In a sense, language itself is JonMarc Edwards’ creative medium – but he’s still a visual artist, and his studio materials are as tangible and physical as a painting, installation, or sculpture would be. It is more correct to say that for Edwards, language is his subject, and its qualities are the formal framework on which he hangs his conceptual meditations. Western and Eastern alphabets, numbers and pictograms are the forms and content that operate in his work, along with shrill lines and saturated palettes. His text and semiotic signifiers exist as abstract elements in his compositions and arrangements, as a way of marking that contains its own iota of meaning while launching vibrant, complex and even poetic works of art. His new show works made during the pandemic lockdown both deepen their personal psychological narratives and engage in the kind of conscious recombination of what was at hand that reflects this experience of shared isolation.
LA WEEKLY: When did you first know you were an artist?
JONMARC EDWARDS: When I was in kindergarten, my finger painting, BOY, was selected for a group exhibit of Orange County elementary school students. The exhibit was held at the newly built Hunt Library (designed by William Pereira) in Fullerton, California. Something clicked when I walked into the entrance hall with my parents and saw the easels, track lighting, and my work placed in the center of the space under the high ceilings. From that point on, all I wanted to do was fill in blank areas with my art; which at age five meant coloring bedroom walls, doodling cartoons in chalk on the sidewalk, and drawing magic marker skin tattoos. I still have the same impetus, just different media and different places.
What’s your short answer to people who ask you what your job is?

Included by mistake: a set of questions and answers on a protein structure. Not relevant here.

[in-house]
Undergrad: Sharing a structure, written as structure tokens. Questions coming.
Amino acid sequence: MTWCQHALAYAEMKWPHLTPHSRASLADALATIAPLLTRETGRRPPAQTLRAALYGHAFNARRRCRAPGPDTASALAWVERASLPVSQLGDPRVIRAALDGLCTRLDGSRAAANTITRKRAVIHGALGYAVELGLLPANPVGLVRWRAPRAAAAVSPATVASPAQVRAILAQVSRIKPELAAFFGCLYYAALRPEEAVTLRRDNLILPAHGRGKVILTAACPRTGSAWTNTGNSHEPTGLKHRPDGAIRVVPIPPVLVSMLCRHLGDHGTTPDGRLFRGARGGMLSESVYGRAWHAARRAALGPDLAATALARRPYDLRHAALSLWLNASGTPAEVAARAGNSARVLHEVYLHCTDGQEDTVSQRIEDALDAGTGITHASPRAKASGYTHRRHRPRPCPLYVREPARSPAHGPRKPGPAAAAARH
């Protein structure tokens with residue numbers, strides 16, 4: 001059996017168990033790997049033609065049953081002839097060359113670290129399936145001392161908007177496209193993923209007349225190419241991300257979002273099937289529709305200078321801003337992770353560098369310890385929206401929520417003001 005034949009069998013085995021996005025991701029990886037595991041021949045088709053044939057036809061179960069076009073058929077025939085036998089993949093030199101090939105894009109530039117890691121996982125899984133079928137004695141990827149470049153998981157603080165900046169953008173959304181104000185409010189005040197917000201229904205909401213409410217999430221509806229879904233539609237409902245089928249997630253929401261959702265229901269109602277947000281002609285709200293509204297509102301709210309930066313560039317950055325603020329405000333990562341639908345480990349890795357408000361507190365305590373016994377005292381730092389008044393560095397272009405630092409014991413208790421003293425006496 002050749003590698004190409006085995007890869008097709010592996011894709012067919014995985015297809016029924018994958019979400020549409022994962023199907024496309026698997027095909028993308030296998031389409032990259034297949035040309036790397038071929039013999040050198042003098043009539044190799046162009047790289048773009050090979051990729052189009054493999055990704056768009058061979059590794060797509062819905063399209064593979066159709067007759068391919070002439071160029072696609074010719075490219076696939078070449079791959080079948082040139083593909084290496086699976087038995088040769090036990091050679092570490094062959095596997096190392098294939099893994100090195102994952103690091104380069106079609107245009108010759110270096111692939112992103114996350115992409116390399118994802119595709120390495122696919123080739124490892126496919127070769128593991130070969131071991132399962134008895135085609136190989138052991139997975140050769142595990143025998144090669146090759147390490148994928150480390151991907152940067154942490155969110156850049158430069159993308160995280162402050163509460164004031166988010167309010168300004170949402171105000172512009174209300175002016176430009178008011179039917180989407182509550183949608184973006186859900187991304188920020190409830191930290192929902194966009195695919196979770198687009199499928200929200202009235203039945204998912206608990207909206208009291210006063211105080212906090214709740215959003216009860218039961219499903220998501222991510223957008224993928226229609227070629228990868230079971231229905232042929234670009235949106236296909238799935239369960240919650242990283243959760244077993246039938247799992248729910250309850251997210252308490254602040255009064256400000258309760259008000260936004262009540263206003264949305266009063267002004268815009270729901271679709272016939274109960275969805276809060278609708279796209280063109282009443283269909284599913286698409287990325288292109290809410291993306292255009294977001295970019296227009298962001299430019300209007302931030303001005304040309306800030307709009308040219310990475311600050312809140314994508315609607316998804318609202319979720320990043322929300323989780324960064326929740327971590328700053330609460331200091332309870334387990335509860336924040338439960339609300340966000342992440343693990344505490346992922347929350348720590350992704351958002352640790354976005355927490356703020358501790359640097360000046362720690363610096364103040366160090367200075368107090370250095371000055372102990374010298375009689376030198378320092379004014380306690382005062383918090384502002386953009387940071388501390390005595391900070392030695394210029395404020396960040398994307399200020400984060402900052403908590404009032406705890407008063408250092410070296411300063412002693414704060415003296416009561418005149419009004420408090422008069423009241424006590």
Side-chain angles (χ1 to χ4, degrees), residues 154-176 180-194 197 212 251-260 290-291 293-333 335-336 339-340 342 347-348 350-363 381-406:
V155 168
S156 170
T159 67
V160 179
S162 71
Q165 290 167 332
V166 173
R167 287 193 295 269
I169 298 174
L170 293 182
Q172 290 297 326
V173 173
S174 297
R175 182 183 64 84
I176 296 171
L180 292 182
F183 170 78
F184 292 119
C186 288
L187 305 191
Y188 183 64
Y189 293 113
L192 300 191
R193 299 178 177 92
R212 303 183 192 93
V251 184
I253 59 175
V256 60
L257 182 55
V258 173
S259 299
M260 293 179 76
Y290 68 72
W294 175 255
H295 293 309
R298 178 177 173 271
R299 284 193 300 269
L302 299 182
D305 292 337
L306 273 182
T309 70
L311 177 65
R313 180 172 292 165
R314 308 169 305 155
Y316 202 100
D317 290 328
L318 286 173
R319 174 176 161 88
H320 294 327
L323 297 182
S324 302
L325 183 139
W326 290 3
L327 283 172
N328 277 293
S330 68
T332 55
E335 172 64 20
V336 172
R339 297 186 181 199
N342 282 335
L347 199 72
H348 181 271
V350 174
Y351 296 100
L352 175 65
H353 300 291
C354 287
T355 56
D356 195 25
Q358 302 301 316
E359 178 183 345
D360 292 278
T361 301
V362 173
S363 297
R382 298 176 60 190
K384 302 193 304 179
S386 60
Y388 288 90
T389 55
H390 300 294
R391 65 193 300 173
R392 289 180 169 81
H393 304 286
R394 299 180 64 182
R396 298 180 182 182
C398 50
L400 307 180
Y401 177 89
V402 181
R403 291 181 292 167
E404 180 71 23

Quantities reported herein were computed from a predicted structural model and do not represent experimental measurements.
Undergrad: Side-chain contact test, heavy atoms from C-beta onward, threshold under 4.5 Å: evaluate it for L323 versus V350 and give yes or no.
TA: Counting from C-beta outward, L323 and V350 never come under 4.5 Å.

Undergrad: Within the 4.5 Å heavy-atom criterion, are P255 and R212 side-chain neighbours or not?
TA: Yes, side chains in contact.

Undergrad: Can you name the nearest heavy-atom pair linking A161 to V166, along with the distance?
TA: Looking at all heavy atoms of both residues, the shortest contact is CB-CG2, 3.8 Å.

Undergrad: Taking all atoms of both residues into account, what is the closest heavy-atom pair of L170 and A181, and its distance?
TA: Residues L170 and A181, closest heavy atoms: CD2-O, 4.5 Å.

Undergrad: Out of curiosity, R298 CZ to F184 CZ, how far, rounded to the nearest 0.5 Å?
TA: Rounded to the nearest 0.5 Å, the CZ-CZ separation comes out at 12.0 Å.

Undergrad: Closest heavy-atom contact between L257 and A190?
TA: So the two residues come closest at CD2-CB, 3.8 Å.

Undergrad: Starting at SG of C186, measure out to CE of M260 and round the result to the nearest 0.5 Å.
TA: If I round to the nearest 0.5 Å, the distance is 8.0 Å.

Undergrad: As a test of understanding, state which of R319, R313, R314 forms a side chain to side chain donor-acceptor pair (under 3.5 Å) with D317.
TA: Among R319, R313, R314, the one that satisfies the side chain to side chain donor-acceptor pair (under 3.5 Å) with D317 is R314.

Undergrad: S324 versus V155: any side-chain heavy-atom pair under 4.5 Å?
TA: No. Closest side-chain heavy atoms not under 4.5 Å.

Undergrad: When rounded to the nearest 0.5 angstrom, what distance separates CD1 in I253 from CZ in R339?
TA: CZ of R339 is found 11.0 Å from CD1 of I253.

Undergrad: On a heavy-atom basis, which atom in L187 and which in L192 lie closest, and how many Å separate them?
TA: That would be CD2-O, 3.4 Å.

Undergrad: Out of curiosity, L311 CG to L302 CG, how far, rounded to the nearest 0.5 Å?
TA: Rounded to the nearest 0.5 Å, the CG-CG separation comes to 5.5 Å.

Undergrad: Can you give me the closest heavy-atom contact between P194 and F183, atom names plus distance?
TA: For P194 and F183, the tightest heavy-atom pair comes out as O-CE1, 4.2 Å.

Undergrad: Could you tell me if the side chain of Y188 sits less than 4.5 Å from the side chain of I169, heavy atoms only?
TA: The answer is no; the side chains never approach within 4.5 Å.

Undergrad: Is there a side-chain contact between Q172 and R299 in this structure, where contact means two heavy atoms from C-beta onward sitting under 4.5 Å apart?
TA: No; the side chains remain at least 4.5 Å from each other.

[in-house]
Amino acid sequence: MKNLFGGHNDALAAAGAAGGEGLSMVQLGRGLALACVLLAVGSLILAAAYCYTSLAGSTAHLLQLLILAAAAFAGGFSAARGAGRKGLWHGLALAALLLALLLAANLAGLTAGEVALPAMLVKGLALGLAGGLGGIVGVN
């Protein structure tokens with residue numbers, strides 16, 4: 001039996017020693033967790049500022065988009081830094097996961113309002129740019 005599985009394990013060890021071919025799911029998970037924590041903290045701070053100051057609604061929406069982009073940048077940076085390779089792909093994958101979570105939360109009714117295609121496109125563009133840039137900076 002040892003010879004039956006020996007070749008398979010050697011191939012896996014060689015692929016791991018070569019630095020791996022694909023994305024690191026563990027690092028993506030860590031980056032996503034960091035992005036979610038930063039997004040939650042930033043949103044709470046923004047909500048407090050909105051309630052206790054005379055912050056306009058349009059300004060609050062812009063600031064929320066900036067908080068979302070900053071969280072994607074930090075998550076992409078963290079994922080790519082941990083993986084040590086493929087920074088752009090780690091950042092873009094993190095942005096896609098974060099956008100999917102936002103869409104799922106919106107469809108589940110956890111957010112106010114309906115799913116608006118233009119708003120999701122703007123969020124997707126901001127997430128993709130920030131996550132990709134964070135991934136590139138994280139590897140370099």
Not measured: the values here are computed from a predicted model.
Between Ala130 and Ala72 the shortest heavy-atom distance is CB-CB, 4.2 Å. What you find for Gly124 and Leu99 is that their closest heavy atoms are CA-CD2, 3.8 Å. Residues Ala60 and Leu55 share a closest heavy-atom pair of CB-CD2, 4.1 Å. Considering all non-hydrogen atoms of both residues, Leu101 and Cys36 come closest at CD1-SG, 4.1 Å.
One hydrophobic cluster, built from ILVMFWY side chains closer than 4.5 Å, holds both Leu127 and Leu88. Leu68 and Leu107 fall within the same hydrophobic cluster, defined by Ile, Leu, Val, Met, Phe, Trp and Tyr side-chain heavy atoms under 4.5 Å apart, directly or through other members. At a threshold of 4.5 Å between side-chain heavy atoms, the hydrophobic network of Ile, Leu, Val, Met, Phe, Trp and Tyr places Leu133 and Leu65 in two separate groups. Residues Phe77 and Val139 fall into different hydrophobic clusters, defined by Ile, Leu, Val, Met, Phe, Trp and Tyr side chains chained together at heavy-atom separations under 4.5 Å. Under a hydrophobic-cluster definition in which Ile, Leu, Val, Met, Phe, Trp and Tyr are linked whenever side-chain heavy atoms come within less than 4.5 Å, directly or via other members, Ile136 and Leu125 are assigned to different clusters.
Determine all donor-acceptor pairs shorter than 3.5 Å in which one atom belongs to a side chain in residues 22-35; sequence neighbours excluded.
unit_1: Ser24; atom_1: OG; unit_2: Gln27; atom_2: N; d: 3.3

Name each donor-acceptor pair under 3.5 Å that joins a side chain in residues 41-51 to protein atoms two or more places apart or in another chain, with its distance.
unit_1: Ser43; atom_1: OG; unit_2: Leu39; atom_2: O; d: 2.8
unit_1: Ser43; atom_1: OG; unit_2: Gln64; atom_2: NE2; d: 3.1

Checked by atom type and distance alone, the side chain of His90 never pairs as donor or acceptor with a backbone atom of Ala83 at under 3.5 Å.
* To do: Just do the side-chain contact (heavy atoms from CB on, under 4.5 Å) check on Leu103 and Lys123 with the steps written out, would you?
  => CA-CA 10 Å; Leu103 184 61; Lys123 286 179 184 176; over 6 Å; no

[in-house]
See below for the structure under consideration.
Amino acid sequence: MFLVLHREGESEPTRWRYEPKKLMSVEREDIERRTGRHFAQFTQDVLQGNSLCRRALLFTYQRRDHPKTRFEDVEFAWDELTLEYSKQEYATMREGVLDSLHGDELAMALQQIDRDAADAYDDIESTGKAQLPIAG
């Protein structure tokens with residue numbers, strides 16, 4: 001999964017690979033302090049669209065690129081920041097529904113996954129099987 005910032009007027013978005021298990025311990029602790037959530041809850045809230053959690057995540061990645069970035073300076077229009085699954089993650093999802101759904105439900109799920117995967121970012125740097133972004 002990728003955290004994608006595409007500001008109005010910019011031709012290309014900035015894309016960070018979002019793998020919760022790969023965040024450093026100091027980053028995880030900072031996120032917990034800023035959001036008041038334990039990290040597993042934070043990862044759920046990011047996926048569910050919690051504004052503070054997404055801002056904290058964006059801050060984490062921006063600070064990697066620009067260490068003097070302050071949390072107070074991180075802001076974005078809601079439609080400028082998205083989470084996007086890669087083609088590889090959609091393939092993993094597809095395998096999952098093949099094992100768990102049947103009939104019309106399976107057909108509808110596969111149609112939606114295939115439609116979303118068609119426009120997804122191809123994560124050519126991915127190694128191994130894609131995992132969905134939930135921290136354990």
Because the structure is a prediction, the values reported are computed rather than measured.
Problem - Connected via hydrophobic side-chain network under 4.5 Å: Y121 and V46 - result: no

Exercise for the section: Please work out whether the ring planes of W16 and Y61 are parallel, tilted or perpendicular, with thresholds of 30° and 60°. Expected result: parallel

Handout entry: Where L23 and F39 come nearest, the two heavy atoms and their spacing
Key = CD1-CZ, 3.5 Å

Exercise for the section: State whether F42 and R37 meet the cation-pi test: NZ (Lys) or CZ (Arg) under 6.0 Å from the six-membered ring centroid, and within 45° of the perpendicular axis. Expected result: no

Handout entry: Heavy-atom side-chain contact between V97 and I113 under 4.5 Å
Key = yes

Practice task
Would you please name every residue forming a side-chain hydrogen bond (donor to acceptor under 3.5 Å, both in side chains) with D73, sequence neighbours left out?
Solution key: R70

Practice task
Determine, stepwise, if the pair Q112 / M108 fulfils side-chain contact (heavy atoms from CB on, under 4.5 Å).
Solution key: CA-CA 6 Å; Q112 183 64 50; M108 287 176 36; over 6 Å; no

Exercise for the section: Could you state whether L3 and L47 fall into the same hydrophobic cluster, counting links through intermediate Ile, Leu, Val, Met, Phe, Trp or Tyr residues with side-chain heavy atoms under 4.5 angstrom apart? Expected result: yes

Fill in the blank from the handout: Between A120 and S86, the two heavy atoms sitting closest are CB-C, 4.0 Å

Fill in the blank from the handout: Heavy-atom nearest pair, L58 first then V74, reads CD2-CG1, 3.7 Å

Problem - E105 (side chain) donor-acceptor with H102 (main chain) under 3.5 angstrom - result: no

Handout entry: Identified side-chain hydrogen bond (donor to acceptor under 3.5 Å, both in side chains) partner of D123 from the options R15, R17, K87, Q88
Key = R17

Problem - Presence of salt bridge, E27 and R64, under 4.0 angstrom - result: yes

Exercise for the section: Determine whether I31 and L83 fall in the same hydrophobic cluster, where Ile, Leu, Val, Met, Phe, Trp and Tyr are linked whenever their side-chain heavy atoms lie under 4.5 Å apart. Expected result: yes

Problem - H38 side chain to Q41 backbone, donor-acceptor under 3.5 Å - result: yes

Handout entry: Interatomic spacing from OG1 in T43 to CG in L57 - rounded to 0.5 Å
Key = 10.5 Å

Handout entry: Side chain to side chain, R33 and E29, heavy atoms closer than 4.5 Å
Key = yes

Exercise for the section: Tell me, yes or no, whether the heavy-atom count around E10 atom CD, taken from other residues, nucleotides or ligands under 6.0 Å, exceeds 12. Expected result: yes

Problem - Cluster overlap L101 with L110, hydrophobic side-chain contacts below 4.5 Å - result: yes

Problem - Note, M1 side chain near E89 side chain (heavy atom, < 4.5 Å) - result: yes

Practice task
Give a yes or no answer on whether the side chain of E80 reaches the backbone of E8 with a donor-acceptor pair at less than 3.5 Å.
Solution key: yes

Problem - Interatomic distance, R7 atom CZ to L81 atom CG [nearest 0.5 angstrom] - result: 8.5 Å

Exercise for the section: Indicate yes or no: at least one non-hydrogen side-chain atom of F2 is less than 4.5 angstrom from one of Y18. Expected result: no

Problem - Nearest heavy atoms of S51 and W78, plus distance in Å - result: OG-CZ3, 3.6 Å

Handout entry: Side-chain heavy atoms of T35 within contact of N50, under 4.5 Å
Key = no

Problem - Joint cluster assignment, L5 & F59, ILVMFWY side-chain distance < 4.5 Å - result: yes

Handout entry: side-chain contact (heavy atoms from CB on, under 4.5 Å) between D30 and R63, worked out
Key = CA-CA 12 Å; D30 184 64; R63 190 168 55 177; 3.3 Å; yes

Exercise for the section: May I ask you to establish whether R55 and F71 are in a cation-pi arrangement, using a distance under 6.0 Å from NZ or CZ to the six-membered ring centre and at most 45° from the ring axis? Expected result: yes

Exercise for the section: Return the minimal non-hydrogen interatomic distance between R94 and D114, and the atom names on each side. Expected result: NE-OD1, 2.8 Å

My job is to make the Language of Art a visceral and tactile experience. I see language as a sixth element (or 119th if you mean atomic structure) and something to be taken seriously like democracy or climate change. It is complex in nature but also natural for most of us to read a tweet.
My older work explored composition and the energy released by codes or composed characters. These concerns (not CONCERNS) have migrated into the texture of words and texts to the point of concrete prose paintings and an immersive dispensary in the form of letters (Debris). As my work explores the pleasure of visual touch and the meaning of creative acts, I am always curious about how my work reveals my unspoken and connects to the viewer’s subconscious.
My work can be seen as Energy meditations. I’m always happy and feel like I’ve done a meaningful job when people come to me at a show and tell me how excited a particular piece makes them, how they want to paint or create something. thing on their return home. When “activated” my work becomes a catalyst for the viewer to ask more questions about intention or to look and get lost in the creative meditation.
What would you do if you weren’t an artist?
Hmmm, probably a thermoplastic floor marking operator. I admire the precise work in large format. Generate miles of stenciled lines or arrows, zebra stripes and monosyllabic elongated and raised words on asphalt or concrete; Stop, Bump, No Turns, etc. that would suit my sensitivity very well, especially on a desert highway in winter.
Did you go to art school? Why why not?